Have you ever bought something and later learned of issues that if you had known before you would never have made the purchase? Many times people visit our office claiming fraud or misrepresentation in such circumstances. If it's a business transaction though, people often don't realize that the seller in a business transaction really has no duty at all to disclose material facts to a buyer, even if they know, or suspect, the buyer may have issues with the purchase. As such, the concept of “buyer beware” is still alive and well in business law.
This buyer beware concept was recently reaffirmed by the Minnesota Court of appeals in the case of Driscoll v. Standard Hardware, Inc., 785 N.W.2d 805 (Minn. App. 2010). In Driscoll, claims were brought against the manufacturer of an industrial mining drill following a fatal accident. Among the claims asserted, the mining company alleged “misrepresentation by omission,” against the manufacturer, on the theory that the manufacturer knew about and should have disclosed known limitations and/or defects related to the grade of steel that eventually failed causing the accident.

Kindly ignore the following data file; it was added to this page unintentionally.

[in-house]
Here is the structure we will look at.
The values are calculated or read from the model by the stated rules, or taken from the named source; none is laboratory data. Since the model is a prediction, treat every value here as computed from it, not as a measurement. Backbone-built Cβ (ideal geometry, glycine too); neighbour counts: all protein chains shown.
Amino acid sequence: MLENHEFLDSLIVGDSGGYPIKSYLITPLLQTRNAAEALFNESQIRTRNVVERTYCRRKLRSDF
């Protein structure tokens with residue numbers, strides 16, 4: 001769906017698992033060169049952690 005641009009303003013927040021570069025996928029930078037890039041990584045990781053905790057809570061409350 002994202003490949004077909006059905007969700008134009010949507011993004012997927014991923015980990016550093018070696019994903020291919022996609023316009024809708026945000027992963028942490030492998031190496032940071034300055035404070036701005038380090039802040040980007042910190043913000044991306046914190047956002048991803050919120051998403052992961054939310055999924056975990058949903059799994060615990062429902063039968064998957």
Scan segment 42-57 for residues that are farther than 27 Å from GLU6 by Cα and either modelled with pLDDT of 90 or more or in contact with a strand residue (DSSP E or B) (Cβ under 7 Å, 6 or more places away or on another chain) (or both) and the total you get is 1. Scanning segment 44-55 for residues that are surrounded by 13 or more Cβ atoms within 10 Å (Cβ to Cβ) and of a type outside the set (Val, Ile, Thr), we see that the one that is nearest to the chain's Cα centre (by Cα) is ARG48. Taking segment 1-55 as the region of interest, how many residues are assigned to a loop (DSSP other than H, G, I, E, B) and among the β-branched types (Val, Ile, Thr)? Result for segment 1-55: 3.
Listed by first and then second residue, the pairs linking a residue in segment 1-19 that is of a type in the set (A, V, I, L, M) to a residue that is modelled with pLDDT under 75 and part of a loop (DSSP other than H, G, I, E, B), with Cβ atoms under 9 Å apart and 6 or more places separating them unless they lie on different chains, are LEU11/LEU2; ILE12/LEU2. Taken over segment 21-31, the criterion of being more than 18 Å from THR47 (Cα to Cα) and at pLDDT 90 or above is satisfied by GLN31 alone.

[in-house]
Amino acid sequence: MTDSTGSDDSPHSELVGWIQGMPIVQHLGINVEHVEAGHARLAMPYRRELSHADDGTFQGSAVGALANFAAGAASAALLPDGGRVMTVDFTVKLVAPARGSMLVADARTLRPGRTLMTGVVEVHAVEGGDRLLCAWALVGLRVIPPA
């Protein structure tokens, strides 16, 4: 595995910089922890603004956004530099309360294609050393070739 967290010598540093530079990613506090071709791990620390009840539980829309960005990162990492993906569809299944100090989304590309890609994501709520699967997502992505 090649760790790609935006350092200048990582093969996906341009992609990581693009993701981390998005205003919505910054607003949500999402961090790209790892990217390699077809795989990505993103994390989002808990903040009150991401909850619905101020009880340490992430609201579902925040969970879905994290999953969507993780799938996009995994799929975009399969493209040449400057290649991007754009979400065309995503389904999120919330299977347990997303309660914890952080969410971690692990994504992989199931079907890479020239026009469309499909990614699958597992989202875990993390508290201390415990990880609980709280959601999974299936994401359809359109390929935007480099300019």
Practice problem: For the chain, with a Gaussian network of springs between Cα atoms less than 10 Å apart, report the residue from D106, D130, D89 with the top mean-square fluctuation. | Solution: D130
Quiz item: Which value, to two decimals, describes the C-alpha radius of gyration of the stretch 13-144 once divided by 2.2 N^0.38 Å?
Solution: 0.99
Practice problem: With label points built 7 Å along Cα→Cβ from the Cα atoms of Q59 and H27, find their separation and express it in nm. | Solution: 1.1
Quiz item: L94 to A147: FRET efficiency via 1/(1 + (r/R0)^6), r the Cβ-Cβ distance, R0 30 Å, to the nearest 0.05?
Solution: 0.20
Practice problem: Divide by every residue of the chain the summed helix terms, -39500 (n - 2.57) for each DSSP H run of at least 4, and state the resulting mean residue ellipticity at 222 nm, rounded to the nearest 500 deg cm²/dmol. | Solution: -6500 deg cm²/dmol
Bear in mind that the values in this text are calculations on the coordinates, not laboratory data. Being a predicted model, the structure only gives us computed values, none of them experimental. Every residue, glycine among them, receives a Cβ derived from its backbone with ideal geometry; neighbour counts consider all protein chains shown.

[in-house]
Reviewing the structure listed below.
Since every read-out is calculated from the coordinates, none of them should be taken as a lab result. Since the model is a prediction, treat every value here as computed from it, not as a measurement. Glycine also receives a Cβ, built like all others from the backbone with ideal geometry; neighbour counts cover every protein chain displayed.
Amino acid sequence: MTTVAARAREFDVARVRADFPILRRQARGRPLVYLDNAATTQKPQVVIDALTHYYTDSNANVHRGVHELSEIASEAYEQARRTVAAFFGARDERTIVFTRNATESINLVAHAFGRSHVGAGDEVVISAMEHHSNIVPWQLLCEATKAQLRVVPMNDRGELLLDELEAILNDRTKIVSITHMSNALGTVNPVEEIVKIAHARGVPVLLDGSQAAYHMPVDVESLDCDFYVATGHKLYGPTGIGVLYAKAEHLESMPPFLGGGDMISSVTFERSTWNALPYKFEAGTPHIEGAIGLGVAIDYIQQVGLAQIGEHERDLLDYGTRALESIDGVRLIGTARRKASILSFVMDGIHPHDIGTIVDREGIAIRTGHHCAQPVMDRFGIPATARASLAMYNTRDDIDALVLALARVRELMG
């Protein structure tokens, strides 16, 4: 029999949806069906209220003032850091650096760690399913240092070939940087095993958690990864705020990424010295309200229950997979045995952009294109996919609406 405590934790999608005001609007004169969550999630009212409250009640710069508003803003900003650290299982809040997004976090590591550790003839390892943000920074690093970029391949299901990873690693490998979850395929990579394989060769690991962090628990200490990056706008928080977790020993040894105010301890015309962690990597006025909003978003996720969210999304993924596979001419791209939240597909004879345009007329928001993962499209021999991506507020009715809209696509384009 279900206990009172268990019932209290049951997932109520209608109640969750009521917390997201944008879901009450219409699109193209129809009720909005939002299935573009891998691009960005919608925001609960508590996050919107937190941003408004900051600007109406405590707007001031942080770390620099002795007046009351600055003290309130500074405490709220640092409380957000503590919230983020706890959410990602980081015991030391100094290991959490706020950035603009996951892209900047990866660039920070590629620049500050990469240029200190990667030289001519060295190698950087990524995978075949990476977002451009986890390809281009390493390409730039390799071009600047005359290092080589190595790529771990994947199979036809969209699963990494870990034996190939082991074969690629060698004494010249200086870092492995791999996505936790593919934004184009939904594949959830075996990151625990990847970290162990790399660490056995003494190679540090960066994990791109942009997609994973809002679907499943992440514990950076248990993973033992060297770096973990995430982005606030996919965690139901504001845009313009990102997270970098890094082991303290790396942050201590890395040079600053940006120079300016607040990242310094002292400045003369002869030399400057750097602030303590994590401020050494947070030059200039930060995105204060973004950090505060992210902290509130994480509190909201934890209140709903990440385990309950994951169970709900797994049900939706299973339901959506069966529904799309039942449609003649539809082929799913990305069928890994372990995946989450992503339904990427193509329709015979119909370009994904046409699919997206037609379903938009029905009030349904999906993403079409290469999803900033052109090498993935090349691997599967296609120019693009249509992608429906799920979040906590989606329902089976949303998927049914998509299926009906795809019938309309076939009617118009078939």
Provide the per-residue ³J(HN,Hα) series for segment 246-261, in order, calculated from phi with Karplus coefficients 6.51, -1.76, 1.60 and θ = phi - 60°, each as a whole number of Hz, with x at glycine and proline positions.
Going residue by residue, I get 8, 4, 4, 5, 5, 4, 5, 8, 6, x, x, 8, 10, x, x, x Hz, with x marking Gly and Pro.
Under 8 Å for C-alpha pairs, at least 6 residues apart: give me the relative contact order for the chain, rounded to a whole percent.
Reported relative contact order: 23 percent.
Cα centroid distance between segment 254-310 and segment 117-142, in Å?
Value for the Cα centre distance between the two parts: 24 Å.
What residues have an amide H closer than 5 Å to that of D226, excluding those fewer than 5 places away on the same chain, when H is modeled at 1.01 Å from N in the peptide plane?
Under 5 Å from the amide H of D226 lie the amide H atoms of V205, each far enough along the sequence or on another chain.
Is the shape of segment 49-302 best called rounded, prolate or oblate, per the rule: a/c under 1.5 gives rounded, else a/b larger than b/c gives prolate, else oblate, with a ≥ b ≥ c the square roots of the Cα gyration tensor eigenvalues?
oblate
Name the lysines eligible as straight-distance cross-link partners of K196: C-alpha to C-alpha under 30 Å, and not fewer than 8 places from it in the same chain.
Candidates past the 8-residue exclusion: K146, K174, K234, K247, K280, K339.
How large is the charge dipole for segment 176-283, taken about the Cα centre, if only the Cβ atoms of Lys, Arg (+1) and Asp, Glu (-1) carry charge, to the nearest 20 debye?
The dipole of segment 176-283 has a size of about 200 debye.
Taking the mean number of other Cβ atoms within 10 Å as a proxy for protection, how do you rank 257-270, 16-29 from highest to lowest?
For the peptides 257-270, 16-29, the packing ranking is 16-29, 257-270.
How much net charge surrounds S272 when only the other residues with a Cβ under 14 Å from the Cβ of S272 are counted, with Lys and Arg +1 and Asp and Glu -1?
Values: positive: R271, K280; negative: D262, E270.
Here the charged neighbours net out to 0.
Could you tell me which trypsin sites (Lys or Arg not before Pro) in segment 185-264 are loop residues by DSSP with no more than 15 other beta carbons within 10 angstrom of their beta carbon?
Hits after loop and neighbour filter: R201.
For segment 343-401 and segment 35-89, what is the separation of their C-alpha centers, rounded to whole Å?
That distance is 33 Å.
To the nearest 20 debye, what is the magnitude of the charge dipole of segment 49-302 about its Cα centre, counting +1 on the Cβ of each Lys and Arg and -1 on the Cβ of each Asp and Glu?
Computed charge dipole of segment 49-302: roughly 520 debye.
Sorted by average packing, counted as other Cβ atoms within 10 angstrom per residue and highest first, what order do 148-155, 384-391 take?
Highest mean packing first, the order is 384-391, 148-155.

The court in Driscoll, in affirming summary judgment of this claim, affirmed that “absent certain special circumstances, one party to a business transaction has no duty to disclose material facts to the other party.” Id. at 812 citing Richfield Bank & Trust Co. v. Sjogren, 244 N.W.2d 648, 150 (Minn. 1976).
So, in business transactions, don't expect the seller to disclose everything it knows about the product or asset, and make sure you are protected in your contract by conducting proper due diligence.